Solange Knowles Asks ‘Where Can We Be Black,’ In Response To Charleston Church Shooting

Just hours after the media takeout story of the nine black lives that were taken by a gunman in Charleston, South Carolina, Solange Knowles-Smith apparently had a few words to say on the topic. Solange speaks on this issue because she has personally experienced racial violence, according to MSNBC. Last month, she wrote a tribute song for the Baltimore and Ferguson victims of police brutality and murder. Solange has now asked a bold and interesting question via Twitter.

Was already weary. Was already heavy hearted. Was already tired. Where can we be safe? Where can we be free? Where can we be black?

— solange knowles (@solangeknowles) June 18, 2015

The Charleston, SC, Emanuel AME Church murder is the first high-profile incident of violence against black people where a police officer was not the shooter. However, the black community and supporters have noticed an extreme difference in the way white criminals are handled and the way black criminals are handled. The Charleston shooter, Dylann Storm Roof, openly expressed his racism on his public website. The shooter still managed to be arrested with his hands behind his back and officers escorting him from the church premises. Some people believe, based on recent events on black males being murdered by police, that if Roof was black, there is a possibility that he wouldn’t have made it out alive. Many celebrities took to social media to express what they think is privilege given to criminals who are white.

Solange’s question is one that seems to have no answers; however, the Charleston church shooter has managed to answer each of her questions with just one statement from his website.

“Even today, blacks are subconsciously viewed by White people are lower beings. They are held to a lower standard in general. This is why they are able to get away with things like obnoxious behavior in public. Because it is expected of them. Negroes have lower Iqs, lower impulse control, and higher testosterone levels in generals. These three things alone are a recipe for violent behavior. . . I have no choice. . . But by no means should we wait any longer to take drastic action.”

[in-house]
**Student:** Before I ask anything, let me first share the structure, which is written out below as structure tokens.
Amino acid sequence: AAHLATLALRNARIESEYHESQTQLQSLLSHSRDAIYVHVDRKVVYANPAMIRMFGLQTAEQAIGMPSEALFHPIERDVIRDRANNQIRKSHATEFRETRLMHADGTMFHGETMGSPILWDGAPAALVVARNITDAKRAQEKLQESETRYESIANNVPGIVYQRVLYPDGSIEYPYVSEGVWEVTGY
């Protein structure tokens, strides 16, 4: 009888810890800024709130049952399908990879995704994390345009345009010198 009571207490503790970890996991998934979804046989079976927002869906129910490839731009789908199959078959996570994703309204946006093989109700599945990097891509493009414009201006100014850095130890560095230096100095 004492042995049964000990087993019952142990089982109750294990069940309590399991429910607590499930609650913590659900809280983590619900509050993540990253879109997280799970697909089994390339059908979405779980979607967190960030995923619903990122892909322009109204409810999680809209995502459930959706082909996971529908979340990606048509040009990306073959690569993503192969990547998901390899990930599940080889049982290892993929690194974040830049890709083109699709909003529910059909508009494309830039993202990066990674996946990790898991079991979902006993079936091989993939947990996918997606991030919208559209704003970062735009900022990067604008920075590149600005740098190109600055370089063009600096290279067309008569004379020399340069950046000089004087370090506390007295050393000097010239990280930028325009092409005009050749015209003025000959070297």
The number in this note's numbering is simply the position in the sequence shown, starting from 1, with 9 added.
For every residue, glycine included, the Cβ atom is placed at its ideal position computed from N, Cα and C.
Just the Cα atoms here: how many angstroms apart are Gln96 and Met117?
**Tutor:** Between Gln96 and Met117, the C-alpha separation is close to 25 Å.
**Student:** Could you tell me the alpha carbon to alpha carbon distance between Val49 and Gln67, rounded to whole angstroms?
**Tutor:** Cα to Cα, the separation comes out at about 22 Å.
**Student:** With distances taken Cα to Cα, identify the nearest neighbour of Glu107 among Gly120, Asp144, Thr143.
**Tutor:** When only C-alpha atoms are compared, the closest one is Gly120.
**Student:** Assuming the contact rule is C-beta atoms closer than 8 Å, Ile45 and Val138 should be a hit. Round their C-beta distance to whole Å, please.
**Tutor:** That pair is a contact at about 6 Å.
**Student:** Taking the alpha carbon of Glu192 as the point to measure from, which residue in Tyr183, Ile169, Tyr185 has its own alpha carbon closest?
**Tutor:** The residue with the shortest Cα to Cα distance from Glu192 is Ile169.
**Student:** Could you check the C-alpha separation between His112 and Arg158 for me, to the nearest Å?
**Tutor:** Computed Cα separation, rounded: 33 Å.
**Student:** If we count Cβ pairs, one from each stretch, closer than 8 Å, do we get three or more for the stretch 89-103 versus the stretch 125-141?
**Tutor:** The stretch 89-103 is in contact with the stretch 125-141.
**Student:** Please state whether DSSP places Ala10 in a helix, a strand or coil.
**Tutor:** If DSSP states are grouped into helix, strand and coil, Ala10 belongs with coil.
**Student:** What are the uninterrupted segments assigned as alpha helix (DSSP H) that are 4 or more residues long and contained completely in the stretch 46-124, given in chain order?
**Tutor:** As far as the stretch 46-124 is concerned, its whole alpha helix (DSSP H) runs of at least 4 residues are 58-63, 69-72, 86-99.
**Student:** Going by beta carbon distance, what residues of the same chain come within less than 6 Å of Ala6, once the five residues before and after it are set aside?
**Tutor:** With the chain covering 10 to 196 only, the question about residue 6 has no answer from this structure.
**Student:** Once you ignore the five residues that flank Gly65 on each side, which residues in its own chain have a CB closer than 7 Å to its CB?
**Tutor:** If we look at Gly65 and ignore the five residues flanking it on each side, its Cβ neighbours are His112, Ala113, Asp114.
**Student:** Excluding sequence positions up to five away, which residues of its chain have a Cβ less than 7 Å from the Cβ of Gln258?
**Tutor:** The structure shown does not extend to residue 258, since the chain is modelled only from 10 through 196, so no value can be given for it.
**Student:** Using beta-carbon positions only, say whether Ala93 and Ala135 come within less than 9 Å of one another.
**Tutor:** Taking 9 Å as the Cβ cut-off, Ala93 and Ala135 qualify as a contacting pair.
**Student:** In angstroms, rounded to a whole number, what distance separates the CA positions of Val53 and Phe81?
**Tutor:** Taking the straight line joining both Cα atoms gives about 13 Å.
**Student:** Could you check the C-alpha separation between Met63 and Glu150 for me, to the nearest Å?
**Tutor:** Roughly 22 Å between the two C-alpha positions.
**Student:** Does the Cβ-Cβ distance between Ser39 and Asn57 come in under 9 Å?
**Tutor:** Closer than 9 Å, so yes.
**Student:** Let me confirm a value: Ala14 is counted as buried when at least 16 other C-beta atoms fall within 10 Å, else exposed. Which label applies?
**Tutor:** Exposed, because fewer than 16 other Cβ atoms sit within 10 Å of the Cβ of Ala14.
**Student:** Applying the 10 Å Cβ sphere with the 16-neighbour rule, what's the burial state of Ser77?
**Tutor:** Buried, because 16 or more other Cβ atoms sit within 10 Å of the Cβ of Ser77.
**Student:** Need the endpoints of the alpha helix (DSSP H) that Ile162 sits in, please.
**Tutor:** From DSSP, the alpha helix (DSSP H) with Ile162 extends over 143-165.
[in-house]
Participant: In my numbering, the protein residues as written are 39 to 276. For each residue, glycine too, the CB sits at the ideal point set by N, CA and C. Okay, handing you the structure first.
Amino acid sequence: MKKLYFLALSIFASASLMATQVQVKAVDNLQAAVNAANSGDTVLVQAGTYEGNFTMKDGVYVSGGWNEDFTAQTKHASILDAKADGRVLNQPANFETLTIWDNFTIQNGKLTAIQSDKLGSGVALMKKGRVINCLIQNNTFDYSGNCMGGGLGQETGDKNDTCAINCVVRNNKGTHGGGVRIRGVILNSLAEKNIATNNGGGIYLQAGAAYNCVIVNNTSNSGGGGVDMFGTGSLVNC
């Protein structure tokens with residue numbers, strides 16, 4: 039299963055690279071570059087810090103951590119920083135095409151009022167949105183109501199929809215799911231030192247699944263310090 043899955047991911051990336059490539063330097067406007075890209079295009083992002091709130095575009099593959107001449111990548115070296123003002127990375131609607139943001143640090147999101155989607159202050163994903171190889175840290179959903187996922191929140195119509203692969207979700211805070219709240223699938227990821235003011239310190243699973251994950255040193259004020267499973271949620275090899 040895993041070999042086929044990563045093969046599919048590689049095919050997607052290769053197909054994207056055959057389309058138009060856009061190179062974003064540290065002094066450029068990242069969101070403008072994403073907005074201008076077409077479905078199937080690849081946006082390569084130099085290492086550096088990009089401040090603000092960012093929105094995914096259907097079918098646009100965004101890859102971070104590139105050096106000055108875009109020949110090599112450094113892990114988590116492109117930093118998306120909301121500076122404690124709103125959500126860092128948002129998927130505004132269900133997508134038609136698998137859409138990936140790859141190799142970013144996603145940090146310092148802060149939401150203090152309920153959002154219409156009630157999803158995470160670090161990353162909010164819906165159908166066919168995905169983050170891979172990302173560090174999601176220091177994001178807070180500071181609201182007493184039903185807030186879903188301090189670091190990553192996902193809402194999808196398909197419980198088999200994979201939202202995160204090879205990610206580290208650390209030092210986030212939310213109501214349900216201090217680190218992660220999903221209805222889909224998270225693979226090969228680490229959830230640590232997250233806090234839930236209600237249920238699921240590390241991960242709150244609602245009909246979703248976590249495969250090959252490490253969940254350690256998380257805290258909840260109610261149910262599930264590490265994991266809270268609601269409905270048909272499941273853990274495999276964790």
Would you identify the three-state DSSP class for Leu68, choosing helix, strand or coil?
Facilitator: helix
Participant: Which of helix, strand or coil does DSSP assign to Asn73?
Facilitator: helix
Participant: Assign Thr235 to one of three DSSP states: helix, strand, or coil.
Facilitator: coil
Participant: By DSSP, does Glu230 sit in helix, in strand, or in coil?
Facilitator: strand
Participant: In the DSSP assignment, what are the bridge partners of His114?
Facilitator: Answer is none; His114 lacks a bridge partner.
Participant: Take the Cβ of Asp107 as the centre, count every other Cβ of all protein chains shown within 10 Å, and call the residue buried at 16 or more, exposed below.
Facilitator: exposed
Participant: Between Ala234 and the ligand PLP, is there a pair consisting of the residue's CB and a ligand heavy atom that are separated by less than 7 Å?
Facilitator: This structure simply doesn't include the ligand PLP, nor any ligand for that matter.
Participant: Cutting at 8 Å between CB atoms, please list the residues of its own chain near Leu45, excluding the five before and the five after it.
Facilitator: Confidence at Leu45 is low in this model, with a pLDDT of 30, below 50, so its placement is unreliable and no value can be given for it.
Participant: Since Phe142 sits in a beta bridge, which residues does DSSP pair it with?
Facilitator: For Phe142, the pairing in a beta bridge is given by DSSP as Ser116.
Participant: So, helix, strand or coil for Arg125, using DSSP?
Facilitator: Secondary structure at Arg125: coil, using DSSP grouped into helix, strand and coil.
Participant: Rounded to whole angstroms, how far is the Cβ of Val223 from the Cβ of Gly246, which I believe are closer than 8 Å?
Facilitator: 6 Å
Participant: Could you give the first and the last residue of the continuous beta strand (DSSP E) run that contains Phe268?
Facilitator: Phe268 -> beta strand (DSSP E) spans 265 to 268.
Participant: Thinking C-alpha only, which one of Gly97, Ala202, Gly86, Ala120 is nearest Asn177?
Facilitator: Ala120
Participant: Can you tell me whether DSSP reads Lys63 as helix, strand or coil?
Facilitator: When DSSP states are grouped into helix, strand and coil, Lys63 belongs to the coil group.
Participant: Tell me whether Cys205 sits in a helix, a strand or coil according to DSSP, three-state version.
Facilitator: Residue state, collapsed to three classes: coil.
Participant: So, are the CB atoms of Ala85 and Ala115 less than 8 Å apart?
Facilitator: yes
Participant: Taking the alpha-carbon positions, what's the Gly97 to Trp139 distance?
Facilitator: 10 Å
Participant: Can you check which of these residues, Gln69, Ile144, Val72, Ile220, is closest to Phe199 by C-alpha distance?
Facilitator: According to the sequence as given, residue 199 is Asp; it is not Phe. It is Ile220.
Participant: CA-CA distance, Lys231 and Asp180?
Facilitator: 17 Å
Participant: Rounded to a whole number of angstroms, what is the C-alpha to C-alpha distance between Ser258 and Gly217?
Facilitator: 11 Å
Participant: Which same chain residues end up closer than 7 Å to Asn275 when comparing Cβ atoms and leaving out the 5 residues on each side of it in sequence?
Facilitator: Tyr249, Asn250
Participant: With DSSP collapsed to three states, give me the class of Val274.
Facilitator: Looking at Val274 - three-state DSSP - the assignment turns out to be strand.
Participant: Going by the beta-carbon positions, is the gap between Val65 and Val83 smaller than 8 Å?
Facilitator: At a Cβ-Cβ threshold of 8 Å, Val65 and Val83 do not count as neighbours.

Dylann openly admitted that his actions were racially motivated, and even explained why he chose Charleston out of all the places in South Carolina.

“I chose Charleston because it is most historic city in my state, and at one time had the highest ratio of blacks to Whites in the country. We have no skinheads, no real KKK, no one doing anything but talking on the internet. Well someone has to have the bravery to take it to the real world, and I guess that has to be me.”

Solange Knowles is not the only celebrity who has found the Charleston murders to be saddening. Many others have used Twitter to express their sadness about the Charleston incident and the media’s reaction to it.

Authorities are still reportedly analyzing the online manifesto of Dylann Storm Roof. The targeted historic church, Emanuel AME Church, will reopen for services on Father’s Day.

[Image via Huffington Post]